Off-Road Travel: Silverton, Colorado
Colorado offers great off-road adventure and natural beauty throughout the state. A large collection of trails from Colorado’s early mining days gives dirt seekers hundreds of miles to explore on two and four wheels. One area that stands out in our tracks is the San Juan Mountains region. First introduced to us by Justin Fort, a Colorado trail junky and fellow Off-Road.com contributor, the San Juans embody what the locals define as classic Colorado 4-Wheeling.
This dramatic section of the western Rocky Mountains features deep valleys, mineralized volcanic peaks, old mines and several historic towns including Telluride, Ouray, Durango and Silverton. The historic mining town of Silverton, Colorado, is located just 50 miles north of Durango and makes a great base camp for exploring the San Juan Mountains and backcountry. Silverton has direct dirt access to nearby ghost towns, high mountain passes and neighboring Lake City and Ouray via the scenic Alpine Loop.
See related story on Colorado’s scenic Alpine Loop
Silverton is the only original mining town left in San Juan County. It sits in a volcanic caldera surrounded by mountains at an elevation of 9,308 ft. It offers plentiful off-road adventure opportunities with scenic alpine vistas. The historic mining town was established in 1874 following the discovery of gold and silver in the area. Silverton quickly became the center of activity in the San Juan Mountains, growing even more after the introduction of the D&RG railroad in 1879. The narrow-gauge railroad connected Durango to Silverton, making the flow of people, supplies and ore much faster than by mule or wagon.
With mining booming in the mountains, merchants offering supplies to the miners and camps set up shop. Homes, churches and schools followed, as did hotels and entertainment. It is said that at one time Silverton had 34 saloons and a bawdy house—fully stocked and ready to serve hooch, cards and doves. With so many explosive past times now lurking in Silverton, it was common for there to be scuffles and gun fights on the notorious Blair Street (Silverton’s red light district).
By the early 1900s, most of the mining activity had ended in the San Juans. Prices of gold and silver was down, making mining unprofitable. Owners and investors cut their losses and pulled out from the San Juans. Most of the miners had no other choice than to also leave their picks and shovels behind. Only a few hardy souls remained in Silverton, weathering the bad times. The last large-scale mining operation near Silverton closed in 1991 (Sunnyside Mine).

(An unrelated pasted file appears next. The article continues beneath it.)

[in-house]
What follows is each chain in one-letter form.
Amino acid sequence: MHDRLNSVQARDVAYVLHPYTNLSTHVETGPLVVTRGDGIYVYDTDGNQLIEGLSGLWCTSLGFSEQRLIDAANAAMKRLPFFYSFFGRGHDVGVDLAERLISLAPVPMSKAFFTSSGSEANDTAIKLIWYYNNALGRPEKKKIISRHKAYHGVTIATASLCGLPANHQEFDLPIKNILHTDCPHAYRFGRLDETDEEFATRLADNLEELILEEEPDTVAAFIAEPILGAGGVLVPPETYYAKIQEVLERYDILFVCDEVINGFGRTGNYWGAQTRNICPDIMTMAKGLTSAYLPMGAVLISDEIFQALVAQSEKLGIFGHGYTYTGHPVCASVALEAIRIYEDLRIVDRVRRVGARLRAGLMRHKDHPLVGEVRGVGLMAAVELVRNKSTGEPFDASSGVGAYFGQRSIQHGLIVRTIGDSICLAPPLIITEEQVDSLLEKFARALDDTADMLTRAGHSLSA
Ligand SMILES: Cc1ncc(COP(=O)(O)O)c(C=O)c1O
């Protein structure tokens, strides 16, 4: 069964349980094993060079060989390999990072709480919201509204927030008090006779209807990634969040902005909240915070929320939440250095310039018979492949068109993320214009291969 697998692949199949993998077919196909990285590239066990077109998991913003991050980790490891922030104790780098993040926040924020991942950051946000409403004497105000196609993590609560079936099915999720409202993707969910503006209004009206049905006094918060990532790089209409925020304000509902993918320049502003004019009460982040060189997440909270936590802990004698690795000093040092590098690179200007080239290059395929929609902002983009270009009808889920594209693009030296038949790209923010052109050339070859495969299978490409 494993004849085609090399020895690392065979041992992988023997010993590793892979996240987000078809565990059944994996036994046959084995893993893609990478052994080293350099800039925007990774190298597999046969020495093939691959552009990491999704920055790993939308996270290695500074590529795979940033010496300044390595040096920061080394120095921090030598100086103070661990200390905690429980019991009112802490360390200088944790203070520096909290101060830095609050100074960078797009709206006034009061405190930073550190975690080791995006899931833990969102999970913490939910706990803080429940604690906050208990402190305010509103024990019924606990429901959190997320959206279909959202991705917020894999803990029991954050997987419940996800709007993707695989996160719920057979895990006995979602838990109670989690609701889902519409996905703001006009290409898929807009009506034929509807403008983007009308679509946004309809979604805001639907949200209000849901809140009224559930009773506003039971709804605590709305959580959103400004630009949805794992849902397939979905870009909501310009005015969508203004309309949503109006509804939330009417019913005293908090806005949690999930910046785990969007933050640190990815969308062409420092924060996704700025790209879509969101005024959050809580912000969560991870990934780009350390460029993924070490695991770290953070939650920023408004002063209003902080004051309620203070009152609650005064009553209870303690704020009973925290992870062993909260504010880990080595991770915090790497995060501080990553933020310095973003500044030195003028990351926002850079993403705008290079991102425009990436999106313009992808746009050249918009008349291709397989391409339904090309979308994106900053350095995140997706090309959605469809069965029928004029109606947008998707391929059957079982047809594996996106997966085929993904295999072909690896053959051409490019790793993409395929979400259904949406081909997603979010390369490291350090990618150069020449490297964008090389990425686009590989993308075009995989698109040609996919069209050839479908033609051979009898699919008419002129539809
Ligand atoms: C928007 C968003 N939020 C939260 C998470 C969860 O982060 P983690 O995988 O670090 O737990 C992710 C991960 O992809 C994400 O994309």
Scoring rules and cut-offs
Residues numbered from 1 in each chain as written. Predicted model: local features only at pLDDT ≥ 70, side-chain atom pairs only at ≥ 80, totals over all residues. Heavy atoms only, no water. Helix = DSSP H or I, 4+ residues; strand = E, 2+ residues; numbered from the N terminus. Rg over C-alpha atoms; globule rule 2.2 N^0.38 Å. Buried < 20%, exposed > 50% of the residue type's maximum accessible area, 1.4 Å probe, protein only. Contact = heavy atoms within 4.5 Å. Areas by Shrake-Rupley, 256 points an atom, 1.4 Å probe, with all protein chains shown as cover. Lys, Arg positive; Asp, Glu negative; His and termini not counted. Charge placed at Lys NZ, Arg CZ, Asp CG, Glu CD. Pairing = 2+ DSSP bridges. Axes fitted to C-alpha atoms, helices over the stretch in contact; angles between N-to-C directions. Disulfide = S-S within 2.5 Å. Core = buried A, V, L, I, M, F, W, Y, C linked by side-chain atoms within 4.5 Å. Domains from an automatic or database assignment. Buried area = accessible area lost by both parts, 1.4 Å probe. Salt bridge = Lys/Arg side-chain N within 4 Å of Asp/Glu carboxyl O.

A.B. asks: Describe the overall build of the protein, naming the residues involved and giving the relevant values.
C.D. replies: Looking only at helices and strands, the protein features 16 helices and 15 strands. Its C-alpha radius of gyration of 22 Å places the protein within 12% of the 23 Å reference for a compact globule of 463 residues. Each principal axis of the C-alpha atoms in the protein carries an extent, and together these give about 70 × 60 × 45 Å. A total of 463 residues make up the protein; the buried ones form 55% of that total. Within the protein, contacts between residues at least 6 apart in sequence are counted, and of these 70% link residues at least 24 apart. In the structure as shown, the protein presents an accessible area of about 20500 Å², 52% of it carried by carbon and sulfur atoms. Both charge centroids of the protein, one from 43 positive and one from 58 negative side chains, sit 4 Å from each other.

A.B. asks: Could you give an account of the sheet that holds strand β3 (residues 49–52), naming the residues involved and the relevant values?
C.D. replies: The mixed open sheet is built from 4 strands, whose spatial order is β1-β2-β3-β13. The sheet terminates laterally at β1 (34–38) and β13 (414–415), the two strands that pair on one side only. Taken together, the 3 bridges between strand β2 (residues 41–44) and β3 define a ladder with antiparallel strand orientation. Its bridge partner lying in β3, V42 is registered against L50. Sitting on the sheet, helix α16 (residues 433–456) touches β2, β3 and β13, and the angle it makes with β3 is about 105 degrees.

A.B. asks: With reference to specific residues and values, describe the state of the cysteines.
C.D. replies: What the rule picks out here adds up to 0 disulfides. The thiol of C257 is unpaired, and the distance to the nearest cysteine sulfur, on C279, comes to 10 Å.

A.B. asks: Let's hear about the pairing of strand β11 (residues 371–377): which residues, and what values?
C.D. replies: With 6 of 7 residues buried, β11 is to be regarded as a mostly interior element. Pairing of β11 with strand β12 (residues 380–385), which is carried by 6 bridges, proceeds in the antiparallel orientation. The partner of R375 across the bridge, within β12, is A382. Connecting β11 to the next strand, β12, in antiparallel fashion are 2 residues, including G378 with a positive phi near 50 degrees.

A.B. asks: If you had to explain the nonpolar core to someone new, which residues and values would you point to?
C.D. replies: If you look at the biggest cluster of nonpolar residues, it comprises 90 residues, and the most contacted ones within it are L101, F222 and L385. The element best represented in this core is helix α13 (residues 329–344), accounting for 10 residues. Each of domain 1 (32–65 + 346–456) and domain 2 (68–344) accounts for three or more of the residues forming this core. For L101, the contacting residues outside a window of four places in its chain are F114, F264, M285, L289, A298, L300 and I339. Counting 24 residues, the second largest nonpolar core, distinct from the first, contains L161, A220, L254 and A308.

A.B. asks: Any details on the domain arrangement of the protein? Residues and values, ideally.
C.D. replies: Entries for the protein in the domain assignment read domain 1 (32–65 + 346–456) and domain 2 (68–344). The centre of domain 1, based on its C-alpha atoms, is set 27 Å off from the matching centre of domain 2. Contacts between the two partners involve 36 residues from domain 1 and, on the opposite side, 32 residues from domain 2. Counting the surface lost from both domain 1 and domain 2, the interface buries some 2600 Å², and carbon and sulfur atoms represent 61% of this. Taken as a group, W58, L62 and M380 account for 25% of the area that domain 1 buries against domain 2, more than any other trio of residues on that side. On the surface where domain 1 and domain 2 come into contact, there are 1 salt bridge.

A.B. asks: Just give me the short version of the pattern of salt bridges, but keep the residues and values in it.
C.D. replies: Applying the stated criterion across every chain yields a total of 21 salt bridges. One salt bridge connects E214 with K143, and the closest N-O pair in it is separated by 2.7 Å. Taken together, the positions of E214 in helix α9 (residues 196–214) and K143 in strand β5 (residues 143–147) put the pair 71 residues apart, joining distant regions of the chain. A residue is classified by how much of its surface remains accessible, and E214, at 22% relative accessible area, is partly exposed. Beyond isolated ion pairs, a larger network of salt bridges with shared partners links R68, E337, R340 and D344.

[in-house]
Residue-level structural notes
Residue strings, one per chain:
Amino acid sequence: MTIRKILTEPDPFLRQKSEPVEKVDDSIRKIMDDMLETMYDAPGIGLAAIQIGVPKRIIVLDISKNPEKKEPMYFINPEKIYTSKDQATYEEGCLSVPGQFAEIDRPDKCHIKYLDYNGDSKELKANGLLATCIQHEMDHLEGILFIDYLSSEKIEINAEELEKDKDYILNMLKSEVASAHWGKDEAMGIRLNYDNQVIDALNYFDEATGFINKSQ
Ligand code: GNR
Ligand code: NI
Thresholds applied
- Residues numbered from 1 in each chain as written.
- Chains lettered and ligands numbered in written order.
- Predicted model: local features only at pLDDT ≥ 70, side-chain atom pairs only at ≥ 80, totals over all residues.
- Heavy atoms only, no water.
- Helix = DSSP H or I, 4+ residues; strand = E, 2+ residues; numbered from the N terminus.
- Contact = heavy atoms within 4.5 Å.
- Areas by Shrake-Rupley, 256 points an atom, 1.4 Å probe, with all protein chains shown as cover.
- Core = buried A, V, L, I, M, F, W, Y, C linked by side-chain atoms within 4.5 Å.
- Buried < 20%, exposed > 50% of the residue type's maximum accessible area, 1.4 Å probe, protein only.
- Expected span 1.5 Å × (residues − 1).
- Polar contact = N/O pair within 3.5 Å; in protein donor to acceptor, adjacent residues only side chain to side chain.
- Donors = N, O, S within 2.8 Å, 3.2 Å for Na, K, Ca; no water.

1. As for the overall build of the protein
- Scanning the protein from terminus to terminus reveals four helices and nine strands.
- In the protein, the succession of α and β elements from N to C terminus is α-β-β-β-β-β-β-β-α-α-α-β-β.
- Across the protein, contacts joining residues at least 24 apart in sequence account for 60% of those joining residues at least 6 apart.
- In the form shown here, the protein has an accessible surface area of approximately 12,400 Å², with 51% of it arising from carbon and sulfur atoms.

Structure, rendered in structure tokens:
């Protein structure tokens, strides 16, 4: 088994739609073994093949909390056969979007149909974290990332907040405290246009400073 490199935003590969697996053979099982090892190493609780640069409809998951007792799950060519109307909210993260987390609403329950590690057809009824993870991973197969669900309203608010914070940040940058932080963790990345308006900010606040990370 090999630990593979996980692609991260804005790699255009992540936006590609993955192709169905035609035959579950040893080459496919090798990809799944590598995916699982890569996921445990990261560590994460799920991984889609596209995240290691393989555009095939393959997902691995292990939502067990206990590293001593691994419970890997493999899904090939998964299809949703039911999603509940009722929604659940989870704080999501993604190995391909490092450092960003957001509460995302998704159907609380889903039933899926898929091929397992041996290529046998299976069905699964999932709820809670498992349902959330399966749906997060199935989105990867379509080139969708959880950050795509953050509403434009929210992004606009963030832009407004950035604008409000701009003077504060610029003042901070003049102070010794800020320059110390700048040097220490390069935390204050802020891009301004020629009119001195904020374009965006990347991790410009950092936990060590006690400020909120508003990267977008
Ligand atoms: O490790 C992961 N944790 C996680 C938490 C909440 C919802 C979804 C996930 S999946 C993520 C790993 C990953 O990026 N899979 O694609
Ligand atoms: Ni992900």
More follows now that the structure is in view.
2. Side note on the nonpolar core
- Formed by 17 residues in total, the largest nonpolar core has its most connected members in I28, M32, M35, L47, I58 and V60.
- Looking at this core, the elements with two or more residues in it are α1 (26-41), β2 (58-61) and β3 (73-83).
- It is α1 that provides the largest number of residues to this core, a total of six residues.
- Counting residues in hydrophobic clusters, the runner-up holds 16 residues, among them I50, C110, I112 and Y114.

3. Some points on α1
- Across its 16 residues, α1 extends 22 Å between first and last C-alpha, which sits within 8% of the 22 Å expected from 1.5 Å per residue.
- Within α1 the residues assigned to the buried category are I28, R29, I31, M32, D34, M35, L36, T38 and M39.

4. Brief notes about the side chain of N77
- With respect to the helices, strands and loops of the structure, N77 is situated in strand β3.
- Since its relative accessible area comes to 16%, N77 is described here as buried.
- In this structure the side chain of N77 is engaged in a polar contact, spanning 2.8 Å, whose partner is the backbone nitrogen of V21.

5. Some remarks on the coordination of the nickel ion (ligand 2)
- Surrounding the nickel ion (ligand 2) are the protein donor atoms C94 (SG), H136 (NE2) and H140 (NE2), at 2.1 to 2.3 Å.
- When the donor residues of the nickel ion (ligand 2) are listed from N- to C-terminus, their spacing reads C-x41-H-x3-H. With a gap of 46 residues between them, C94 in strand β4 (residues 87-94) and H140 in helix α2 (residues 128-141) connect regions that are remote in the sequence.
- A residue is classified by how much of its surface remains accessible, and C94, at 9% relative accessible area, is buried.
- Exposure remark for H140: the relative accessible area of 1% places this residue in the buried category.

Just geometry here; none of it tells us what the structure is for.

Today Silverton thrives mostly on tourism. Many of the original Victorian buildings and homes still stand offering unique shops, restaurants and museums for visitors to enjoy. Except for Main Street, the streets are still dirt, keepings things very true to the days when horses and buggies made tracks through here. Summer travelers looking for cooler weather come to Siverton, as do tourist on the Durango & Silverton railroad. More info at http://www.durangotrain.com/.
If you are in town and have a chance, the Silverton Historical Society does a great job at telling Silverton’s story and keeping its colorful past alive. They have a museum inside the old San Juan County jail that exhibits early mining in the San Juans and people like Otto Mears, a famous Colorado developer and entrepreneur responsible for toll roads and railroads in the San Juan Mountains. For those interested in more mining history, there are also tours just outside of town at the Mayflower Gold Mill and Old Hundred Gold Mine. More info can be found at http://www.silvertonhistoricsociety.org/.
Gold, silver and rich minerals are abundant in these hills, as are the trails that once connected mining camps and towns in the San Juans. Dirt trails out of Silverton lead to Animas Forks, Engineer Pass, California Gulch, the Red Mountains and scenic Alpine Loop. County Road 2 (CR2) and County Road 110 (CR110) head north into the backcountry, giving access to historical mining sites, ghost towns, water falls, rivers and beautiful country.
Many of the dirt trails heading out of Silverton lead up to majestic alpine meadows with breathtaking passes and vistas as high as the sky. A number of high mountain passes can be reached from Silverton, including Red Mountain Pass (Elev. 11,018 ft.), California Pass (Elev. 12,930 ft.), Engineer Pass (Elev. 12,800 ft.) and Cinnamon Pass (Elev. 12,640 ft.).
Heading up CR2 provides a gentle steady climb past the Mayflower Mill, heading toward Animas Forks. This county-maintained dirt road travels along the Animas River and makes for an easy trip past spring fed waterfalls and strikingly large granite faces on either side.